All the films I am excited about come from European companies. Although I am a heavy user of trix, I am no longer married to Kodak's films, especially since their discontinuance of HIE film. Kodachrome is a bummer, but long ago I've lost my interest in color film. It's boring (to me.) The (eventual, at some point in the distant and nebulous future) loss of HC110 developer, premixed Rapid Fixer, Hypo Clearing Agent, and Photoflow formulations will be worse than loosing their films.

    Fortunately there is Jack's Photographic Chemistry Site!
  16. Julien


    Jul 28, 2006
    Paris, France
    Didn't say you were (I said "if you are", nuance). Still, like I said, I really doubt Kodak would be stopping film production any time soon. It would be really weird since they just recently came out with their new Ektar 135 and 120, they wouldn't have developped a new film only to stop everything soon afterwards.

    From what I read and from what people say about the F6 it's the pinacle of SLR so it seems unlikely that they could really improve it anyway (sure anything is possible but at what cost). So the fact that it's their last film camera doesn't mean much to me and your F100 is a good camera for years to come (not to mention that there are tons of other film cameras out there still being made, granted not Nikons).

    You should definitely look into MF. Now's the time as things have gotten cheap because people really think film is going to die, or costs too much for them … Sucks that you don't have pro labs readily available though. Maybe that means shooting B&W and developing yourself, which is cheaper in the long run anyway :smile:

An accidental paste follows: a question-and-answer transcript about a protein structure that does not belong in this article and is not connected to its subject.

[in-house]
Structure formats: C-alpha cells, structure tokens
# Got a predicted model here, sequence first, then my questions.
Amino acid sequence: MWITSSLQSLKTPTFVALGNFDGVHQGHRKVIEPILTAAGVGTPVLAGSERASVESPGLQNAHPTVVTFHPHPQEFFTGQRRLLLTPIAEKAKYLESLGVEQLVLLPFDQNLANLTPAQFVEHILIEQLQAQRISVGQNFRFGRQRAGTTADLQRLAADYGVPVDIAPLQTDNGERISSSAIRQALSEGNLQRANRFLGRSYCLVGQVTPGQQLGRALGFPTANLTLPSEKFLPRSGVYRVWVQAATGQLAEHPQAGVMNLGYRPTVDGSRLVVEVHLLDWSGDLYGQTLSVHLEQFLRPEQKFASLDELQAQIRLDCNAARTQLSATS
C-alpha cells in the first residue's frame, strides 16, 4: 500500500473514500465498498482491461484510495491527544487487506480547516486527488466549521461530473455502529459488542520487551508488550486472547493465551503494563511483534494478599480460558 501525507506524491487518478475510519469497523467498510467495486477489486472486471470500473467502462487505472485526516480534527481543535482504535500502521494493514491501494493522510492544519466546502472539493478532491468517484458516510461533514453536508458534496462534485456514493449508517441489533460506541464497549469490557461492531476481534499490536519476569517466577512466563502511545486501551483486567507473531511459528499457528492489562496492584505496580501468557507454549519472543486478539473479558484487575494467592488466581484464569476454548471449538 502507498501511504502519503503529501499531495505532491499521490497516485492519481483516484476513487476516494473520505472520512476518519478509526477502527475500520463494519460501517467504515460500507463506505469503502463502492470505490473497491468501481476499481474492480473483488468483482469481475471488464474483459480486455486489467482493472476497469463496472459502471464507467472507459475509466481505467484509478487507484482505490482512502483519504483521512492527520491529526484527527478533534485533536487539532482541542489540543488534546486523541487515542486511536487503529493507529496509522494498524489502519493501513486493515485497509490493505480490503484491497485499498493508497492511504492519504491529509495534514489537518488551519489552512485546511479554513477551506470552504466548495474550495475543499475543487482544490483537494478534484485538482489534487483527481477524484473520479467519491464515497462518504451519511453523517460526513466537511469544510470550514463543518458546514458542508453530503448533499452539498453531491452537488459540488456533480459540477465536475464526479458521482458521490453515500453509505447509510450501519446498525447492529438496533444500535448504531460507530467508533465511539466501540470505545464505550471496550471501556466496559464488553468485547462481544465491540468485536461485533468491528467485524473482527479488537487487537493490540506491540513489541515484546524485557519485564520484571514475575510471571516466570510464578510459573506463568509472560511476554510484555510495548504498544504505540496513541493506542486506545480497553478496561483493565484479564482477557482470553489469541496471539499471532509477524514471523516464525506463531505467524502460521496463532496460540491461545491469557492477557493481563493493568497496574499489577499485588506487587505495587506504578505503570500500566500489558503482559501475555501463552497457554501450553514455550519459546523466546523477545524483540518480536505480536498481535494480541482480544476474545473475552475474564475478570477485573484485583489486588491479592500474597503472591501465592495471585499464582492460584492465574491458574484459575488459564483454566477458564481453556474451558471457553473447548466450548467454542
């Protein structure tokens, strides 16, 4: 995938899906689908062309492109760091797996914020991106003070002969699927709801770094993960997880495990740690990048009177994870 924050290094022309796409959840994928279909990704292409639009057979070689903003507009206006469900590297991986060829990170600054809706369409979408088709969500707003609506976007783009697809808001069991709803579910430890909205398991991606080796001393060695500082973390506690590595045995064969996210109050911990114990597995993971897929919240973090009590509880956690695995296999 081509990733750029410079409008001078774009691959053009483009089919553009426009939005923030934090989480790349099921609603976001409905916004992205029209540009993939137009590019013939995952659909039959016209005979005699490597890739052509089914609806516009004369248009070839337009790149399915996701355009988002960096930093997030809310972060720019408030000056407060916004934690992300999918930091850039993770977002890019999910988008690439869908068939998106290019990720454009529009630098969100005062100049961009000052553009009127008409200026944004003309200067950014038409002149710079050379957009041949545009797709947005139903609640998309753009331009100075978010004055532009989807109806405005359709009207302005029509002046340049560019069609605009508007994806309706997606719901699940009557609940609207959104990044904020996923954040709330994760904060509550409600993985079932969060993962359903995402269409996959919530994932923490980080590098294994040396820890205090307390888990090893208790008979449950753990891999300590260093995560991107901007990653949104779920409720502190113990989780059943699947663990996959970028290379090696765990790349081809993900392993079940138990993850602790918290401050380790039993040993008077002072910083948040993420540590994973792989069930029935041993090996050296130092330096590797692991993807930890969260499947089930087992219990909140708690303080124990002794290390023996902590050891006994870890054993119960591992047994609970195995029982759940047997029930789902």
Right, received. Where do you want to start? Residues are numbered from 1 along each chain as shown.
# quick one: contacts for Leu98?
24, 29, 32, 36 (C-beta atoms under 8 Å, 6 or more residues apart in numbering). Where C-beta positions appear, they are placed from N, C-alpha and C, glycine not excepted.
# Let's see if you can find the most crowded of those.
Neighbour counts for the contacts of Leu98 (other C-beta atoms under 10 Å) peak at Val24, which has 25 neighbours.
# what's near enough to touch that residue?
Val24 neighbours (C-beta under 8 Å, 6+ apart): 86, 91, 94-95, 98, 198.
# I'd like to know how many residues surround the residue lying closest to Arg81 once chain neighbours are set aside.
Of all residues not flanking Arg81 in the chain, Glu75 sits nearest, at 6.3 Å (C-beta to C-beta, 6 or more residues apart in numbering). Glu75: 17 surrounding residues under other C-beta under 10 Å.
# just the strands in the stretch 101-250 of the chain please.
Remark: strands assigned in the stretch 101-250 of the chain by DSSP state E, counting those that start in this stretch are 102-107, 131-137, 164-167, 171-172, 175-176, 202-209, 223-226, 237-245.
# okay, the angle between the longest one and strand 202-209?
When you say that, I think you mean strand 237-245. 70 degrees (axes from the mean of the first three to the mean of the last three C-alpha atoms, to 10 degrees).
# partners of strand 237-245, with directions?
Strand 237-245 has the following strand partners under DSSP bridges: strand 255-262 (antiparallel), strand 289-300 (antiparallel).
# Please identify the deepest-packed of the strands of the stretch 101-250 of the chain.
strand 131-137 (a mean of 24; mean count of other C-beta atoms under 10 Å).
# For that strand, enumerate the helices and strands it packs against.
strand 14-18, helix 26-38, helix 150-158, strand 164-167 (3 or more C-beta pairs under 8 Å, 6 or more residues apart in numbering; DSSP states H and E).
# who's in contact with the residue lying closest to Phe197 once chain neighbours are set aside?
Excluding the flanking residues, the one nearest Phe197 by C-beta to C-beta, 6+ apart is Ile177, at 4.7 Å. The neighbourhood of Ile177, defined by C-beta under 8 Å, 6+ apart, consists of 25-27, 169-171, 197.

17. Guys
    I'd like to think of it differently, and see where it leads.
    30 yrs ago let's say there were only PRO's or serious shooters taking photographs, for several reasons: cost of gear, developing and printing; then you must had the knowledge of what you were doing (no easy p/s scene modes), still, the overall number of photographers (absolutely speaking) was necessarily LOWER than what is nowadays.

    from 30 to 10 yrs ago easier and less expensive models came out, especially film p/s in the '80s which - in my esteem - multiplied around 5x the effective number of people using film. So, for each pro or serious user taking 5 rolls a month (a very roughly averaged number, but serious shooters couldn't just keep the same rate of real pros for economic reasons) there were 5 people taking 1 roll or less. It makes 10 rolls. For each simple group of pros/no pros.

    Now in the last 10 years, not only ALL the casual shooters moved to digital for obvious reasons but also lots of other new people joined the digital cause. I esteem now to be around 20:1 the ratio (if no more) between who uses digital and who uses also film cameras. Still, the effective number of film rolls passed from 10 to (10 - 5 considering none of the casual shooters remained on film) = 5 This number is INDEPENDENT from how many people joined digital. Then let's see pros. Rich pros could move immediately to digital but I'm sure some remained with film for a while. Serious shooters who couldn't afford a DSLR at first tried to manage the thing for a while too and I guess overall from the two groups only 2 rolls are now sold vs the original 10.